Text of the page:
Miki Okubo (University of Paris / Kyoto University) also argues the topic of “Gothic Lolita,” emphasizing that it is not only a fashion style but also an aesthetics, or even a way of life, that influences girls’ view of life through their twenties, thirties or even later. Of course the word “Lolita” originates from the famous novel by Vladimir Vladimirovich Nabokov, but it is used by Japanese females in a very different way. The word shows a resistance found in many young girls against growing up and becoming an adult woman. It shows the changing attitude toward sexuality widely shared by females living in the contemporary Japanese society. According to Okubo, the aesthetics of “Goth-Loli” (same as “Gosurori.” The common spelling is not yet fixed.) shows influences from Surrealism or German Expressionism while, at the same time, most elements of “Goth-Loli” cannot be separated from Japanese-Pop culture, especially “cosplay (Kosupure)” and “dolls” culture. And Miki Okubo is “Goth-Loli” performer herself (See the photo).
Okubo also pointed out the relation between “Goth-Loli” and “doll lovers.” Besides “Goth-Loli” girls dress themselves like a doll, they themselves are admirers of dolls, especially “ball-jointed dolls.” The tradition of this type of dolls has its origin in the work of surrealist artist Hans Bellmer, and there are a number of doll artists following this tradition in Japan. For “Goth-Loli” girls dolls are not “fetish” but their own self image, Okubo argues, because these girls imagine their body as a body of a doll, something that looks like a human but can be decomposed into pieces. This includes a difficult question which requires a psychoanalytic approach.
“Kawaii,” the word registered in some English and French dictionaries, is an important keyword to understand “Goth-Loli,” enthusiasm for dolls, and maybe “Cool Japan” in general. Kyoko Kama(Vytautas Magnus University, Lituania) demonstrated how this word started appearing on French media in 1990s, and added its semiotic value associated with Japanese culture. Unlike more established words associated with stereotypical images of Japan like “Geisha,” “Samurai” or “Wabi-sabi,” “kawaii” has come to be used in a quite different way, sometimes to describe things not related to Japan. Koma researched the usage of this word in three representative newspapers, Le Figaro, Libération, Le Monde, between 1996 and 2008, and investigated how “kawaii” has semiotically evolved in French language.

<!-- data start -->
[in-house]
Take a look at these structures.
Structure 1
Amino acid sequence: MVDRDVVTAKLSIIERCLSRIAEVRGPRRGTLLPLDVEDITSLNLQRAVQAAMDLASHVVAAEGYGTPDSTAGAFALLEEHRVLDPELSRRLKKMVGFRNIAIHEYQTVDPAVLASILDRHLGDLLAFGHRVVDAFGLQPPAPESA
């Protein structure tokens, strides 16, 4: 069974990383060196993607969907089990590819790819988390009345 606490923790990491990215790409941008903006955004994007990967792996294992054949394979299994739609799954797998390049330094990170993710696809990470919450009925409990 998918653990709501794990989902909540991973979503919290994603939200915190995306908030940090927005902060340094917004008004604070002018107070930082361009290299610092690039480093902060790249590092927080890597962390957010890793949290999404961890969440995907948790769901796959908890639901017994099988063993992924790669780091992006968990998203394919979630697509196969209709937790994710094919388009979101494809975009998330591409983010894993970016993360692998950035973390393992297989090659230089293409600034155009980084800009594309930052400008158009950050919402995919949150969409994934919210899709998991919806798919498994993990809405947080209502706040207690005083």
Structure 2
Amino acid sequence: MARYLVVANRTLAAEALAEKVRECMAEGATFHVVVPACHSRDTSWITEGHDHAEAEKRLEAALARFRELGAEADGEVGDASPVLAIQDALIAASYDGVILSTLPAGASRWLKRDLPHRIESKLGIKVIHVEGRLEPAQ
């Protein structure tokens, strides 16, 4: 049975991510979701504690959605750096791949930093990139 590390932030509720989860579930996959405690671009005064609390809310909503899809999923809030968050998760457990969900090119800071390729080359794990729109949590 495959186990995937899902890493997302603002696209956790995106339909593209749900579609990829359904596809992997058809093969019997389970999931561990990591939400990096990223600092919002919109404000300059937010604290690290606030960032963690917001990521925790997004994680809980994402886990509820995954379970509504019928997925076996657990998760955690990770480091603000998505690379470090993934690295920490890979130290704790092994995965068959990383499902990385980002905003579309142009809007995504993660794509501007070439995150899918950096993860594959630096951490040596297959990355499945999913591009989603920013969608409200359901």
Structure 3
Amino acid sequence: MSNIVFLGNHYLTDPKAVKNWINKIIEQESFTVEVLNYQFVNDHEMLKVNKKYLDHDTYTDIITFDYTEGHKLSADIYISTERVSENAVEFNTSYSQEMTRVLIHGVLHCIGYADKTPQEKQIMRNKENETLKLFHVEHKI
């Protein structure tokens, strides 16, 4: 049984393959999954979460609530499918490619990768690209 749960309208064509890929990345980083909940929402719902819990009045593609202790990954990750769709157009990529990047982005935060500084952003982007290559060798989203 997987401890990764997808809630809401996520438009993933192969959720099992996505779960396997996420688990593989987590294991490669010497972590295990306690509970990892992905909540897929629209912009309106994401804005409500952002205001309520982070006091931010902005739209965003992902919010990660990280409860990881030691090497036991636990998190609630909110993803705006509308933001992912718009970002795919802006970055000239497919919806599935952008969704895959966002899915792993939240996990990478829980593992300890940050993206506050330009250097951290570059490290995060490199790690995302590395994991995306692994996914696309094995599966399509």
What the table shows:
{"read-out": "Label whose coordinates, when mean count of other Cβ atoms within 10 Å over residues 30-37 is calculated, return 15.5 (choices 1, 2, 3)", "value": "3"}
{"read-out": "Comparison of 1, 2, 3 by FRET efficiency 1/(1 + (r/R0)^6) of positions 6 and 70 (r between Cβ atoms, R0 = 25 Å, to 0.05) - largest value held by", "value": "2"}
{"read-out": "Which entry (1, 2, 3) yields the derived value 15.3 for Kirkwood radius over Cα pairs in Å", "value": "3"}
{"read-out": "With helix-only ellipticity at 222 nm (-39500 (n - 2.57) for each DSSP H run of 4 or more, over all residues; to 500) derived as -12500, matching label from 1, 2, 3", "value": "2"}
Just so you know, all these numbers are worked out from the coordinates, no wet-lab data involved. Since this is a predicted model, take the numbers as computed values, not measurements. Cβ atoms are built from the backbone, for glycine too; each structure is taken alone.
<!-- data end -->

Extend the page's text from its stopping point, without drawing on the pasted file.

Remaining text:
Another popular word related to the contemporary Japanese culture, “Otaku,” was argued by Ryuta Koike (Yonezawa Women’s Junior College). He thinks that a kind of transformation is taking place in the feature of Japanese subculture, or the world of “Otaku”. Indeed it has been a self-content, closed world of consumers enjoying cultural commodities, it seems to be changing into a more accelerated and extending communication network. He mentioned the example of “Fujoshi” (female enthusiasts of “Boys Love,” a highly successful genre in manga and novels describing fantastic and often unrealistic love between handsome, sometimes feminine males), and pointed out how readers share and exchange their individual tastes. He said a similar practice is widely seen among “Otaku” (this word normally refers to a male.). The popularity of Pocket Monster, confrontation or beat-them-up games, and cooperative games like Monster Hunter and online RPGs — all seem to show a transformation in the pattern of sign exchange by Otaku.
Finally, I tried to approach the issue from a little bit different point of view, taking up the topic of “Chara-ben,” a lunchbox with food made to look like characters of manga or anime, famous people or local products. Though many of them are so elaborately made and almost equivalent to artworks, they are made by normal housewives and consumed only by their kids and husbands. But many of these amateur food artists exchange their knowledge and technique in the internet, and there is a huge community of “Chara-ben” growing totally outside of the institutional art world as well as of industry. I argued that “Cool Japan” is just the tip of the iceberg in the contemporary Japanese culture, and what would be more interesting is to understand the general attitude of normal people toward characters in manga, anime and TV shows, and to see how they appropriate them in the everyday life. I organized a contest of Chara-ben in the city of Yamaguchi, Japan, in 2008, and featured the topic in the book Diatxt.Yamaguchi (Yamaguchi Center for Arts and Media, 2008) which I edited with a group of local citizens of the city.
Click here to download the slides from Hiroshi Yoshioka’s talk.